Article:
Didier says that this insect wasn't around in France 5 years ago, it probably arrived here by plane from Asia, and the problem is that it came alone, read : without its natural predator that could have kept its extension in check. Its predator exists in Japan but not here yet, Didier says that it's a bit like for the Cicadelle that causes the Flavescence Dorée, another plague for the vines, the cicadelle came from another region of the world, the Great Lakes region of North America, and it also has its predator over there. There has been trials to introduce this predator of the cicadelle but it didn't adapt to the climate here. Cicadelle started in southern France, there are some here and there including in Burgundy (about 2 years ago) although these are still rare occurences, there has been a first case around here in the Loir-et-Cher, with just two suspected cases (two vines) near Oisly. they just took away the two vines. While the cicadelle stands cold temperatures, for the Suzukii a cold winter could do a good job and keep its spread in check, but lately the recent winters have been very mild. Didier says that the farmers who have strawberry fields have been hit by these Suzukii insects, especially when they grow strawberries for jam, because you have to pick the fruit very ripe and that's when the insects wreak havoc on the fields.
Asked if there are remedies that are studied by the INRA or another research body, Didier says that as far as he knows there's no cure yet, but some growers resolved to spray sulfur on the vineyard before the picking in order to elmiminate the acetic bacteria, when usually they would leave the foliage free of sprayings for several weeks before the harvest. Conventional and organic vineyards are affected just the same, except maybe for the conventional domaines who pick the grapes when they're not ripe. It has also been observed that by picking on the day following a heavy rain, the grapes were washed enough to be free of the acetic bacteria.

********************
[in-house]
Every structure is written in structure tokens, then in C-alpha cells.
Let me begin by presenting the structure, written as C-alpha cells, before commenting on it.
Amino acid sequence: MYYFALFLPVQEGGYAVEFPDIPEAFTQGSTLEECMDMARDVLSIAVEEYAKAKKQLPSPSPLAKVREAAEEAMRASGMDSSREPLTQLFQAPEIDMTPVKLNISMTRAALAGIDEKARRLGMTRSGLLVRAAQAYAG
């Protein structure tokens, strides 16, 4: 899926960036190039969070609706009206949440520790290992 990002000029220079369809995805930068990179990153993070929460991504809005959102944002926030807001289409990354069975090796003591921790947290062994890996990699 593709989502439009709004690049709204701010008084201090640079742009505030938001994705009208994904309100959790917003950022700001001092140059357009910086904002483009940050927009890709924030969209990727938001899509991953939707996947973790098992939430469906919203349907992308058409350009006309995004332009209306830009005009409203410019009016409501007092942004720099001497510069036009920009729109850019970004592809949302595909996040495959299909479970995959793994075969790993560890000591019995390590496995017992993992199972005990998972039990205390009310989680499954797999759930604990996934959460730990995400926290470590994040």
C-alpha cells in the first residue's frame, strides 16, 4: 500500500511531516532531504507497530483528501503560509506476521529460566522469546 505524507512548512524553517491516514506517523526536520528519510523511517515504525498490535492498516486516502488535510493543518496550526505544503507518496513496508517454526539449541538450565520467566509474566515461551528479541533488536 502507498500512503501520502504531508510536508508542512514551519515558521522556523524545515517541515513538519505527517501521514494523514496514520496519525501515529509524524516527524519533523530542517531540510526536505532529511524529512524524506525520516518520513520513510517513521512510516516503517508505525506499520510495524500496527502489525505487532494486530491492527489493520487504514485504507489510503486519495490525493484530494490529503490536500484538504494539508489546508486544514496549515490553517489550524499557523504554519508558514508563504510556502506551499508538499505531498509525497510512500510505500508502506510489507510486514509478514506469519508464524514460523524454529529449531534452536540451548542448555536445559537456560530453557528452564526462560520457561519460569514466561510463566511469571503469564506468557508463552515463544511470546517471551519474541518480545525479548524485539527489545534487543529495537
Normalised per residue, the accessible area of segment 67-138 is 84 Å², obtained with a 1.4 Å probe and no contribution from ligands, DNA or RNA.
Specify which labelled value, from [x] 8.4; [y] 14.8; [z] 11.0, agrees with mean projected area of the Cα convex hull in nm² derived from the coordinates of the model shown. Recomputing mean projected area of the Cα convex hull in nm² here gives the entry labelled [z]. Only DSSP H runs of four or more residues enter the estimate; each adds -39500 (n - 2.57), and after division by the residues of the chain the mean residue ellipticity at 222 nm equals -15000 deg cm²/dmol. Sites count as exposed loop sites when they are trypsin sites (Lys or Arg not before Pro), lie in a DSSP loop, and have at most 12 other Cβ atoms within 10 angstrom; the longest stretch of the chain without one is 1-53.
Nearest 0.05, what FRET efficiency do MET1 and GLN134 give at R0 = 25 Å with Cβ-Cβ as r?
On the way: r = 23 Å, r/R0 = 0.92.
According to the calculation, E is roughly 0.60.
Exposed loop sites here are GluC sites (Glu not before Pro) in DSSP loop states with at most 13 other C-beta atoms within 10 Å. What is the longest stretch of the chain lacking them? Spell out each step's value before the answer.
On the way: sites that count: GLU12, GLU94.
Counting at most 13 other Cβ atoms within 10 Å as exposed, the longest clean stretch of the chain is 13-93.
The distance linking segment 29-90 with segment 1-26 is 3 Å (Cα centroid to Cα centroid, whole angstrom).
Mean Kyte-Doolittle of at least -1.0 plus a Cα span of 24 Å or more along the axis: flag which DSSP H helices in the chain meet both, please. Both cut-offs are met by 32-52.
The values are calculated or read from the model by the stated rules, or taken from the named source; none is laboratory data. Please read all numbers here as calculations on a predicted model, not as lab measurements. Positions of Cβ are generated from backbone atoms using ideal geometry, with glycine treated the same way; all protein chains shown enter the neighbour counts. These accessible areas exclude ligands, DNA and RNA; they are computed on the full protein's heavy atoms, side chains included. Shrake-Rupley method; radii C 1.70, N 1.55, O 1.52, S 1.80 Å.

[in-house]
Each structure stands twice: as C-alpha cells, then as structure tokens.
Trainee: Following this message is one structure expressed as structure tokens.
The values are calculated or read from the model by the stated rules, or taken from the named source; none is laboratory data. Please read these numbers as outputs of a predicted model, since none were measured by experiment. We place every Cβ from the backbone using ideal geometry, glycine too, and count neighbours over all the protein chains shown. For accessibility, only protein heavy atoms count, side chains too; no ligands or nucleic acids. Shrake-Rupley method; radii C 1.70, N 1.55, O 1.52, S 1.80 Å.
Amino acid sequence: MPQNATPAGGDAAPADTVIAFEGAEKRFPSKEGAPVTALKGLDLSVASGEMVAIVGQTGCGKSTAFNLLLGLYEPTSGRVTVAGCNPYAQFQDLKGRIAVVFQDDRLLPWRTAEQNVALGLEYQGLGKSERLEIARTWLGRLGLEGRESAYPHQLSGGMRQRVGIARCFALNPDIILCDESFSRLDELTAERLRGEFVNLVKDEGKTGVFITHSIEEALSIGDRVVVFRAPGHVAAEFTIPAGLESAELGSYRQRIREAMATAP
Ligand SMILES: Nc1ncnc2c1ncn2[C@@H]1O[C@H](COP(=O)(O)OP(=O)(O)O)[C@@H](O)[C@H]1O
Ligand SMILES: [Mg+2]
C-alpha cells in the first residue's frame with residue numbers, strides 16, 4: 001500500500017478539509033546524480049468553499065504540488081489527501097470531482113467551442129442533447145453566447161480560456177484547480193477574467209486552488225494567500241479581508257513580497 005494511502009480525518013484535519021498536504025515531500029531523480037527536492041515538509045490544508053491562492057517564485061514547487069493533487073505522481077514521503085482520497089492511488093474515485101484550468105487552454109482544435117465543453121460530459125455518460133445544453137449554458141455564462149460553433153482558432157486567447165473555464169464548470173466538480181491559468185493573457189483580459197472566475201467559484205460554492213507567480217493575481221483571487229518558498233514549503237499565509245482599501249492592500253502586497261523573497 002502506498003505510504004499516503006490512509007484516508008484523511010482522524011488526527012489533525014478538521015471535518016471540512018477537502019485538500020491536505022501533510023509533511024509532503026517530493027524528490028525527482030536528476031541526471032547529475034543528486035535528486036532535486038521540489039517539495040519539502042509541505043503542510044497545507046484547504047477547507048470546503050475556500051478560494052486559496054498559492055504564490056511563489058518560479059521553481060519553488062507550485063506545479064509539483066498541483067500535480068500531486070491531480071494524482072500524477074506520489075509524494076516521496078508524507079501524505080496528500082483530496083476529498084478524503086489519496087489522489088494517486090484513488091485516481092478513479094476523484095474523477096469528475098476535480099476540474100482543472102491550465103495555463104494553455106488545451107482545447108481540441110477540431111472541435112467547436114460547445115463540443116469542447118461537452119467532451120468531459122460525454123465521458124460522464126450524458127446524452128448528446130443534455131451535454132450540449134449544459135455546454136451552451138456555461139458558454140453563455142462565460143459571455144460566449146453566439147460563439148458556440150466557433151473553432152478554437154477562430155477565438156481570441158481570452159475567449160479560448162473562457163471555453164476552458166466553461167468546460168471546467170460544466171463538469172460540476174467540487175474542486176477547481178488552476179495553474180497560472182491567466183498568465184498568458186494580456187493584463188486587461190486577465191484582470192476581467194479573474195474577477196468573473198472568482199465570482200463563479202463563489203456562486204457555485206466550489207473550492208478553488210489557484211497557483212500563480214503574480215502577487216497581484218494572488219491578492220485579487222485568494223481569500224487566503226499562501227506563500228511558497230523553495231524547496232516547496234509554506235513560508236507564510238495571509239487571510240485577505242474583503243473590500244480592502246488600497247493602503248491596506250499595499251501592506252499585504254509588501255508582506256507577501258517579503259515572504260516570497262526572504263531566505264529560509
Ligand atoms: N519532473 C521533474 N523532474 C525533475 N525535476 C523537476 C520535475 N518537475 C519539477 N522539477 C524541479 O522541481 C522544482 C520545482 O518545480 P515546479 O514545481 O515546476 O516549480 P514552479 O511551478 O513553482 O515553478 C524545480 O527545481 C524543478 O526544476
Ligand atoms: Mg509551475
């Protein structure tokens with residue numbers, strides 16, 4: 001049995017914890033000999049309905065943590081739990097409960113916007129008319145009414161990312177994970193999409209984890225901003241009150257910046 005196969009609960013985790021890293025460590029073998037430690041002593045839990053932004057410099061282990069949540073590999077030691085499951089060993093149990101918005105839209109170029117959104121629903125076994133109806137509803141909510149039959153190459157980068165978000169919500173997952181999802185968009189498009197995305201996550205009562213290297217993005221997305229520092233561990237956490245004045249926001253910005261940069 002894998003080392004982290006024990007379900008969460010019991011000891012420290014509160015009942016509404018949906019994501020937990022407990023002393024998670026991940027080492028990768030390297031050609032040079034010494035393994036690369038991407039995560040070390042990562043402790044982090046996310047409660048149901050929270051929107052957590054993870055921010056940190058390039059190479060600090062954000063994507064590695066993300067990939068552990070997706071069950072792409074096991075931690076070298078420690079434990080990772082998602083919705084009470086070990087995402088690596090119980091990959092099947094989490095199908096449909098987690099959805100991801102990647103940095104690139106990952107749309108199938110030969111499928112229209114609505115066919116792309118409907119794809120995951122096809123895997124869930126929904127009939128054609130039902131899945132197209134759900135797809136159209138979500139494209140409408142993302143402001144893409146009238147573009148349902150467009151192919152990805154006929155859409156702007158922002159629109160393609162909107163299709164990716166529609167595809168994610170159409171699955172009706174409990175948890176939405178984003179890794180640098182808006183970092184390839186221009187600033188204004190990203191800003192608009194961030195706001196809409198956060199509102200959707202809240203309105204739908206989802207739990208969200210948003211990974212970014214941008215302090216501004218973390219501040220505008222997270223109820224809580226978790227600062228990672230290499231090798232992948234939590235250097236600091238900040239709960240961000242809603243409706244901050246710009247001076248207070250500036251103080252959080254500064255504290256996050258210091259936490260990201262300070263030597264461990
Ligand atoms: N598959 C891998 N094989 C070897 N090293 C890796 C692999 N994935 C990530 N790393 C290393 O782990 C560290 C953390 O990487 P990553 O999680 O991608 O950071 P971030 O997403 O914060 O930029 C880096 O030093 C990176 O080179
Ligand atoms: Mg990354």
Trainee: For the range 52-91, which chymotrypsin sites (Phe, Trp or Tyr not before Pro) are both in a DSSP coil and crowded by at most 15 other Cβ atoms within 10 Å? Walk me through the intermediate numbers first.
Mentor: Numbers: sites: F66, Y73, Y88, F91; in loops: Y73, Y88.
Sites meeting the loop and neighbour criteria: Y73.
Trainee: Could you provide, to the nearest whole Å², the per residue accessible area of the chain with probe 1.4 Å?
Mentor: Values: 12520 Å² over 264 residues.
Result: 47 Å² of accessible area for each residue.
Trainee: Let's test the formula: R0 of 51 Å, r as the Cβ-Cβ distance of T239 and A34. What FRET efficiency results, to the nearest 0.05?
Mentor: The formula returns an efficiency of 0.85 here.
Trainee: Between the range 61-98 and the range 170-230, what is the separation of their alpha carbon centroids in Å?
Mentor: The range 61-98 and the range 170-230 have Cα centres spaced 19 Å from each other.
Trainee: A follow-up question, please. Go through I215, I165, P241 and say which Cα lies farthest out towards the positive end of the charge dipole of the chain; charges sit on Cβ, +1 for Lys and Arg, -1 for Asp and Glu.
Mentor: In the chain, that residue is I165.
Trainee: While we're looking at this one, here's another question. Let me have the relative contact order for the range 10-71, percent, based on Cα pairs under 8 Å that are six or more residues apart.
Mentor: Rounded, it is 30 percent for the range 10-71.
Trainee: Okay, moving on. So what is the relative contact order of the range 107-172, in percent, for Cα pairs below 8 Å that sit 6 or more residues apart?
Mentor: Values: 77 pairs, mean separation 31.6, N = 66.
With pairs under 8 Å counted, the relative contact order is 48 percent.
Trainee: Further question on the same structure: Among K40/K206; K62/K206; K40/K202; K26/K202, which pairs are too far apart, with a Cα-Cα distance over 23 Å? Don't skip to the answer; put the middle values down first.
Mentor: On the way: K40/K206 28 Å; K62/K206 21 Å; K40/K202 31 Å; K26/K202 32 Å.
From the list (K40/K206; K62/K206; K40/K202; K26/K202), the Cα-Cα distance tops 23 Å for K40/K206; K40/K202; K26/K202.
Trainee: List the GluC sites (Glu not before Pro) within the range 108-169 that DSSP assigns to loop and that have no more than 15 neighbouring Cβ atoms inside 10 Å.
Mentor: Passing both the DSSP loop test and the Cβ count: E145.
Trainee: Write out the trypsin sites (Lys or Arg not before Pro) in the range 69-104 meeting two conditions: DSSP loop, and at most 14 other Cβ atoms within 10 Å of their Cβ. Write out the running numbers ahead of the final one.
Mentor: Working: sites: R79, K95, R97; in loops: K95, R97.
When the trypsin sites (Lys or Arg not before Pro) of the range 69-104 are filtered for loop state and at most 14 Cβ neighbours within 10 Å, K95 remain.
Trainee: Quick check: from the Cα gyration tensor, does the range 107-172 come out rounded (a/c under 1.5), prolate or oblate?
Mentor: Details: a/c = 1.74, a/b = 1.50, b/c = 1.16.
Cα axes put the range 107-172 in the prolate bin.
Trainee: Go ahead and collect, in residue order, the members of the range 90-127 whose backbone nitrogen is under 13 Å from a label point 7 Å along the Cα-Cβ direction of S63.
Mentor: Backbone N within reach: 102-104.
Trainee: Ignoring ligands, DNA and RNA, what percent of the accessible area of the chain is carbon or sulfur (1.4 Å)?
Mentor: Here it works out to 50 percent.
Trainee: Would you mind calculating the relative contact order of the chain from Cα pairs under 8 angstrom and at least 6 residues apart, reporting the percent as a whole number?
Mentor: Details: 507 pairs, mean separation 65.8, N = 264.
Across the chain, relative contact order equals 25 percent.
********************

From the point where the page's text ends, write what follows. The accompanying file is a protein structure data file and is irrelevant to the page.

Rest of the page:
Didier says that on Clos Roche Blanche they still harvested ripe (there's no way they'd pick early and chaptalize), at least at the ripeness they usually pick, but he had to check the grapes arriving at the gondola, and with the sorting there are parcels where they lost half of the fruit load. They hadn't any problems on the sauvignon for this Suzukii fly for some reason, but all the other varietals were affected. He doesn't know why, it may be because sauvignon is the first to be picked and this doesn't fit the time window for the egg layings of the fly.
Because of this problem and of the weather conditions of 2014, yields are low, about 20 hectoliters/hectare. These last 3 years have had lower yields than the norm (at- or under 20 ho/ha) and the last "normal" vintage was 2011 with yields of 35-40 ho/ha (it's their target). Asked if they'll still have their prized pineu d'aunis wine for the 2014 vintage, Didier says that there'll not be any red, but there will be some rosé...